“Fans of Miz Cracker will be thrilled with the highly personal nature of Who’s Holiday“
Theatrical reimaginings of some of fiction’s greatest villains from the Wicked Witch of the West to the six wives of Henry VIII have become increasingly popular in the last few decades. So, naturally, why not do the same for Dr. Seuss’ Christmas-stealing Grinch as told by a grown-up Cindy-Lou Who, now a raunchy ex-con who couldn’t be more different than her sweetly hopeful younger self.
Matthew Lombardo’s Who’s Holiday puts a naughty spin on the popular Christmas tale as Cindy-Lou – played by Miz Cracker, a fan favourite from the tenth season of RuPaul’s Drag Race – regales the audience with the story of her tumultuous love affair with the cantankerous old Grinch whilst waiting for her friends to arrive at her holiday party.
The sixty-minute, one-woman show fully embraces the rhyming speech of Dr Seuss’ novels with many hilariously naughty pairings throughout. Directed by Kirk Jameson, Who’s Holiday treats its audience to an intimate chat with Cindy-Lou alongside audience participation and regular movement into the stands which is sure to delight any fan of the talented drag queen.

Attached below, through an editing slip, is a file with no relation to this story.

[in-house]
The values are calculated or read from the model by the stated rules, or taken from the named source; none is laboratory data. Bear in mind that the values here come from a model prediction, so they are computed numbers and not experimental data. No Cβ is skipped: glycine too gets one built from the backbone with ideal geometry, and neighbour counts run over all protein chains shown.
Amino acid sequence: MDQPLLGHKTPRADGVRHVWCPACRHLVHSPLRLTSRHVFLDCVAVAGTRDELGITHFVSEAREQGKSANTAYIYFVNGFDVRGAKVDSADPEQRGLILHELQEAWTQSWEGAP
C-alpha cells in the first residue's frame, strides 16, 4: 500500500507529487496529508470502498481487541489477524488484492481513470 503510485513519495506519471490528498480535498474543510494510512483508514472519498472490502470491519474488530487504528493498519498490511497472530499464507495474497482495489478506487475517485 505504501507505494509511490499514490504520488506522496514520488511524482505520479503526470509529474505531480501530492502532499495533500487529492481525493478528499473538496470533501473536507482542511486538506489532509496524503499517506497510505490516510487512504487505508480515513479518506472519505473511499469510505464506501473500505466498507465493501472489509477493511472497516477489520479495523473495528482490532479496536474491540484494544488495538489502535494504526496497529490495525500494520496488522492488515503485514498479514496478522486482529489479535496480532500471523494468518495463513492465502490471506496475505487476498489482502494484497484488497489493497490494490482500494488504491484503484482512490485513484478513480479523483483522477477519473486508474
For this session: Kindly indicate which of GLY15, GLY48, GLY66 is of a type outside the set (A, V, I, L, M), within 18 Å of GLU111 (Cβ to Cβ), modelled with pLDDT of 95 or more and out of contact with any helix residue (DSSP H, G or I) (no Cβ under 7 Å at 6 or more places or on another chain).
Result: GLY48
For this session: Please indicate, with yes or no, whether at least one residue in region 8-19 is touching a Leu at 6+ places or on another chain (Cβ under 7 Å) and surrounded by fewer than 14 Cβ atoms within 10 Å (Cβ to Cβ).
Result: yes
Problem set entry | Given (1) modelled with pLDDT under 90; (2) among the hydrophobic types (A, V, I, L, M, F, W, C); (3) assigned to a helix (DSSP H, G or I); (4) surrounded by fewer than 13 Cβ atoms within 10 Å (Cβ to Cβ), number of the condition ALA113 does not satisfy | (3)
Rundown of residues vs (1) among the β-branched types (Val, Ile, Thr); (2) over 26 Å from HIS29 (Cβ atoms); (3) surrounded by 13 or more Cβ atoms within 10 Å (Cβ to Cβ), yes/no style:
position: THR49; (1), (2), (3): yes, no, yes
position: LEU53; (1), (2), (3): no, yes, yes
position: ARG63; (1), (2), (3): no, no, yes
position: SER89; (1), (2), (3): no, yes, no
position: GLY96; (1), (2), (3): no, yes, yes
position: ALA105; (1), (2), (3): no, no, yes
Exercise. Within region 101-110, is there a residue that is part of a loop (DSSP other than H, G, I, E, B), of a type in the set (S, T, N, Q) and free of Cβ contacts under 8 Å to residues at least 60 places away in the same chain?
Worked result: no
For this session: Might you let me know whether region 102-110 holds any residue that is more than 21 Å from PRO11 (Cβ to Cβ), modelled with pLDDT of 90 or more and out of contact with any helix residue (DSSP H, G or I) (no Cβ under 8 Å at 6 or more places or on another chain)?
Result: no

Miz Cracker does well to hold the audience’s attention throughout the performance and impressively does not err once during the show’s extensive monologue nor a short rap number. She is however at her best when allowed to deviate from the script’s strict rhythm – her little asides to a reluctant participant brought on stage and her witty retorts to overexcited audience members being just some opportunities for her to display her fantastic humour. Brilliantly funny though these moments are, they, unfortunately, also leave the audience wishing that our star was permitted to have some more freedom with the script.